After tricky weekend weather, quiet conditions through Thursday
Quiet weather always presents an easier forecast. Sunshine and below average temperatures are expected through at least Wednesday. Of course, we'll notice the sunrise occurring about an hour later thanks to daylight saving time and therefore sunlight will stick through 7pm moving forward.
Today and Tonight: As straggling clouds bust out of the area through Monday morning, ample sunshine will dominate skies with northerly breezes limiting high temperatures to the low 60s. A clear and chilly night will follow with low temperatures near 40 degrees. Like last week, traditional cold spots could achieve the upper 30s with patchy frost. Weekend rain tempered grass pollen for the time being pine oak and pine continues to have tree pollen running high.
The weekend weather did not play out as expected with Friday’s forecast. Showers and thunderstorms developed on Saturday morning in the Gulf of Mexico, robbing energy for any inland activity in the afternoon hours. Meanwhile, a cold front slowed down and therefore rain lingered about 12 hours longer than originally expected.
Good morning! Wanted to update you on some significant changes to the weekend forecast.... showers and storms are looking less long-lasting and widespread today, but will carry longer into Sunday. Neither day will be a washout. #LaWX #MsWX pic.twitter.com/achfTWEDLU— Josh Eachus (@DrJoshWX) March 10, 2018
Up Next: The week ahead will see mainly clear skies and below average temperatures. Some nights may dip into the 30s. That being said, freezing temperatures are not expected. Areas in southwest Mississippi will likely be in the 30s for several nights. Temperatures will eventually begin to moderate as we approach the latter part of the week. Temperatures then go back to above average by nudging into the 80s for the weekend. The warmer readings may come with a few more clouds and possibly a spotty shower, but at this time, significant rain chances look like they will hold off until at least next week.
The Mississippi River is expected to crest within the next week, around March 20. Given the current forecast, impact outside of the levees is expected to be minimal with the exception of soppy land around the Angola farms and by the LSU veterinary complex. Due to the extended period of high water, some increased seepage may be noticed along levees. However, remember that the city of Baton Rouge is protected by the levees up to at least 43 feet. On the river, traffic and industrial operations will be restricted.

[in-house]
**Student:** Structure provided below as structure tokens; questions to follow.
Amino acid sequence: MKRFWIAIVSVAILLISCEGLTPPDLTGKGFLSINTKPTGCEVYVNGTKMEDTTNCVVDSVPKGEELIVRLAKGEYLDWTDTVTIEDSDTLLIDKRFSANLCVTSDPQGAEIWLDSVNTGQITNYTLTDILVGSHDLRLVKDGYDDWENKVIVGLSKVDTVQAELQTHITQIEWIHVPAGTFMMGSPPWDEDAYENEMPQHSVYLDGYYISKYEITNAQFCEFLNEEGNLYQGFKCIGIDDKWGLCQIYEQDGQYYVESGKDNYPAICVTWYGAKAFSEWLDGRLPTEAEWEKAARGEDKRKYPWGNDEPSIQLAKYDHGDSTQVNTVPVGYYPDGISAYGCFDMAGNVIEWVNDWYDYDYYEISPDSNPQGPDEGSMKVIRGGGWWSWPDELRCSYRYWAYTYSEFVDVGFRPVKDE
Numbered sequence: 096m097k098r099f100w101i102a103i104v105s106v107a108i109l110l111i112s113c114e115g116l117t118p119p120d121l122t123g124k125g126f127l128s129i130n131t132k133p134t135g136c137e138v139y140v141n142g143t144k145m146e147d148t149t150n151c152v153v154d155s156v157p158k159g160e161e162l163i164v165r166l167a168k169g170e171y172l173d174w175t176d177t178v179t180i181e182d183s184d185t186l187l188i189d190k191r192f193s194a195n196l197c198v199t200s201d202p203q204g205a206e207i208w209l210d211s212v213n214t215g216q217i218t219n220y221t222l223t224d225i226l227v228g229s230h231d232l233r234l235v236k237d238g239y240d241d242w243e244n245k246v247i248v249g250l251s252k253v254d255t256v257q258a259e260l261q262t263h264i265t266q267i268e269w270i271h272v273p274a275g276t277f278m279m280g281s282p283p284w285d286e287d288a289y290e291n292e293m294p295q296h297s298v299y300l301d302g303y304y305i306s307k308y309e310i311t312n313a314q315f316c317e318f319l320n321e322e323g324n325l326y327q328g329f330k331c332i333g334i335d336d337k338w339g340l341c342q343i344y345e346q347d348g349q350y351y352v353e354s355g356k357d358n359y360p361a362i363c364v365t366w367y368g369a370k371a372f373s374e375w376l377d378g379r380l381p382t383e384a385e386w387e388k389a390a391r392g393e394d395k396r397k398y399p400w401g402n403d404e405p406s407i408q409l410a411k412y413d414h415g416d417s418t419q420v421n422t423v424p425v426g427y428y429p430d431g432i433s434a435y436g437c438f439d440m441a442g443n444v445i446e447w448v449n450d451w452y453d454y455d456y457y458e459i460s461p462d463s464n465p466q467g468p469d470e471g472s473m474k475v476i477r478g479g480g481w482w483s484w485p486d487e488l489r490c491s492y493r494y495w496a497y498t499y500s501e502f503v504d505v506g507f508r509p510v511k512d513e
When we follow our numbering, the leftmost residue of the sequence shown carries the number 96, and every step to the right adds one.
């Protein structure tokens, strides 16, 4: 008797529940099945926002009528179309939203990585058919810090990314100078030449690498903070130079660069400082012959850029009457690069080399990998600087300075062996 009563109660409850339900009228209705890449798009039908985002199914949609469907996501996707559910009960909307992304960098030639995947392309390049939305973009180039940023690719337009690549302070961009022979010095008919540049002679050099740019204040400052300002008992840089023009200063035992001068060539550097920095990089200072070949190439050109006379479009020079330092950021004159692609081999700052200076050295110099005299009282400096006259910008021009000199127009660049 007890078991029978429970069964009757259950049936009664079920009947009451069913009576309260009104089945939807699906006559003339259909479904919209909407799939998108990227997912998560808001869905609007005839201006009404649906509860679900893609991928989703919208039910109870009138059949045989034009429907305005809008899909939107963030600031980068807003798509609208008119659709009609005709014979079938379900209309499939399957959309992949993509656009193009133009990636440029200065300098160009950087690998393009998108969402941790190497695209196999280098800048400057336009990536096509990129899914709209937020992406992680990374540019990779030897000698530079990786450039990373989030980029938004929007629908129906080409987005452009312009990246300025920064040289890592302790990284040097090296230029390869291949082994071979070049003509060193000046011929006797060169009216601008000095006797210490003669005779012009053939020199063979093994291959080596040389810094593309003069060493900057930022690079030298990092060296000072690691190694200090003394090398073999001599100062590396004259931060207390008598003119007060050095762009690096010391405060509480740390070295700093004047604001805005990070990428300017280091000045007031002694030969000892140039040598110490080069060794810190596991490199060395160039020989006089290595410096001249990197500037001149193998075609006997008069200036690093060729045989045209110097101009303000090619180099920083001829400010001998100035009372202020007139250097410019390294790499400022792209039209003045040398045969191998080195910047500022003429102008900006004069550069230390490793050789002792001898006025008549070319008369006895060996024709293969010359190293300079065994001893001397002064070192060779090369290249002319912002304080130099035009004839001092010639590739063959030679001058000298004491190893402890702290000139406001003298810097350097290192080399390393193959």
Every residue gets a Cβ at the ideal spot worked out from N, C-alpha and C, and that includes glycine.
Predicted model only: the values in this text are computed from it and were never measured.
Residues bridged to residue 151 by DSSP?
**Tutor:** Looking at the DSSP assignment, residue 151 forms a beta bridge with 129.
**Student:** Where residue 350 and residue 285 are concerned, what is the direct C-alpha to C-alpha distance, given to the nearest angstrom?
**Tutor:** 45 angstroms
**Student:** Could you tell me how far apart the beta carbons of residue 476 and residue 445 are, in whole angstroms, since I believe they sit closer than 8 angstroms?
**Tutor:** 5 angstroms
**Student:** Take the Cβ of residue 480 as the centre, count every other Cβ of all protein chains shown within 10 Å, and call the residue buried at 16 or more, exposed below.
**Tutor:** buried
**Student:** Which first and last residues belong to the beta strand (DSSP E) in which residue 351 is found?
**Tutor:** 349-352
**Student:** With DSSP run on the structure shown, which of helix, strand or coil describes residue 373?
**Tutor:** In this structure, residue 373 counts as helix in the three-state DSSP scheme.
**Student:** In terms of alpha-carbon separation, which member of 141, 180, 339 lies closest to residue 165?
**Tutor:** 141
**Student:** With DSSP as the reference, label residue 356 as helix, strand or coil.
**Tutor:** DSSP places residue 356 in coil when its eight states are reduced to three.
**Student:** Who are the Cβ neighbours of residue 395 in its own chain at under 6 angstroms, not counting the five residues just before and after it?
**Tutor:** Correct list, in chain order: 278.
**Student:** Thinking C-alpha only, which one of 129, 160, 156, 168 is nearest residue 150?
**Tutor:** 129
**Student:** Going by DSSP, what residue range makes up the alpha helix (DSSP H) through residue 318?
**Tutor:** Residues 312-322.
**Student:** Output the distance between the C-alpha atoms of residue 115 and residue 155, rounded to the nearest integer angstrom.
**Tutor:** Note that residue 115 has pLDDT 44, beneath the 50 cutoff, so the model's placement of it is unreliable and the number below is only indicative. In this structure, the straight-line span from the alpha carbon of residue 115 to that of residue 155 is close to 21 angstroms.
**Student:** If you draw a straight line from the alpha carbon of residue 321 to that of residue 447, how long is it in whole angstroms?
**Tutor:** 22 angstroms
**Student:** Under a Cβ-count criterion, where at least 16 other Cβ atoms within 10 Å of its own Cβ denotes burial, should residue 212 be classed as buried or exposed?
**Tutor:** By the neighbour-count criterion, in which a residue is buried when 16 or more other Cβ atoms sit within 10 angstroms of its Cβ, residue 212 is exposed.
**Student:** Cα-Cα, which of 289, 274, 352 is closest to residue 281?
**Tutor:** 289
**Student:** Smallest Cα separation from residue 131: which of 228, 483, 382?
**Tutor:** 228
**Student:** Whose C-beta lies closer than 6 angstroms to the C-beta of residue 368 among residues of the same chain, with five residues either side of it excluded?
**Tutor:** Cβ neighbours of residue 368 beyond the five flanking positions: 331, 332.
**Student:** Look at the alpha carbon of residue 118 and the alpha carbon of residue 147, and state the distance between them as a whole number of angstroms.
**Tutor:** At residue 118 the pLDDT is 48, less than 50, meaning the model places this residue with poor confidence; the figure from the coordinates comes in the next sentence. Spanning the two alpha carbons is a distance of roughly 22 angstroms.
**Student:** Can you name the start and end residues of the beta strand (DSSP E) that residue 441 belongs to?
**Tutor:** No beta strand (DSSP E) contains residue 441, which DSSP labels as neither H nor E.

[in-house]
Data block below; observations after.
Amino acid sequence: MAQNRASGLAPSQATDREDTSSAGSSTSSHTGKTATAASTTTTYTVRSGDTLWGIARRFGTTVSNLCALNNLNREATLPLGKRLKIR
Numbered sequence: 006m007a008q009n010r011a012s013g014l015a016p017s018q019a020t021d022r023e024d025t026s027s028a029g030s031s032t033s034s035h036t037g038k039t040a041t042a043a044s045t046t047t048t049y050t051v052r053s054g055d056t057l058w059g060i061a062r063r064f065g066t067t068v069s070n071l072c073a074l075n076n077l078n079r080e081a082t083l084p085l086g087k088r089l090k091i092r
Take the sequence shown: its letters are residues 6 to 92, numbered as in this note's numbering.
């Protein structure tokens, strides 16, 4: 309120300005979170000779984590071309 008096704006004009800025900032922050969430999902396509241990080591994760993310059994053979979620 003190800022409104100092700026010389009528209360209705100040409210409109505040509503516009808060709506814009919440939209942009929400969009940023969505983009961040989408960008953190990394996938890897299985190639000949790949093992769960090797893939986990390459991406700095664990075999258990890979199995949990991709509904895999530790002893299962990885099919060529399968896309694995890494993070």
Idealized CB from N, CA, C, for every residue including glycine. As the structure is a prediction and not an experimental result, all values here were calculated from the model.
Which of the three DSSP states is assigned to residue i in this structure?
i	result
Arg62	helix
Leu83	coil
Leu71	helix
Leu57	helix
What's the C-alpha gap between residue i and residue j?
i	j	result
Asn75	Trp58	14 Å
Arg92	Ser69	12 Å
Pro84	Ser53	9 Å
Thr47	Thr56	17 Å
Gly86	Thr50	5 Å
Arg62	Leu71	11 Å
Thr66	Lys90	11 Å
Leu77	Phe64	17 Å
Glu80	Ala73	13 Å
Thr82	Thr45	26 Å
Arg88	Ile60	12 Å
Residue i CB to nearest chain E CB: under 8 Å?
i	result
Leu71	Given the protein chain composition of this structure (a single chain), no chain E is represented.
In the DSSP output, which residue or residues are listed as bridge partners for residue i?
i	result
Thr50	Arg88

The pattern will be plugged up through Wednesday as the Northeast experiences yet another winter storm. Surface high pressure will therefore only slowly migrate from the Upper Midwest to the Gulf Coast. The good news about this stalled pattern for the local area is that it is one of quiet weather. Some clouds are pushing through the region associated with the cooler air mass moving into the area. Skies should trend clearer into the afternoon hours as the cold front moves farther into the Gulf of Mexico. Forecast models did not perform very well last week and that may continue to be an issue this week, especially with regard to low temperatures. Thanks to very dry air, lows should be able to achieve the upper 30s and low 40s each morning through Thursday. No freezing temperatures are expected but typical cold spots north of I-12 could see some light frost. As you would expect in the transitional seasons, models struggle with the long range forecast. While it looks as though as trough will form in the Western U.S., the question lies in when this trough will eject eastward and return unsettled weather to the central Gulf Coast. The ECMWF model breaks the trough free earlier and therefore paints a wetter picture for Friday through Sunday. The GFS model keeps a ridge over the region through Sunday, which would mean almost entirely dry conditions. Of note, the National Weather Service is favoring the GFS model, however the ECMWF model performed much better with last weekend’s system. Both models do agree on above average temperatures from the end of the week into next week.
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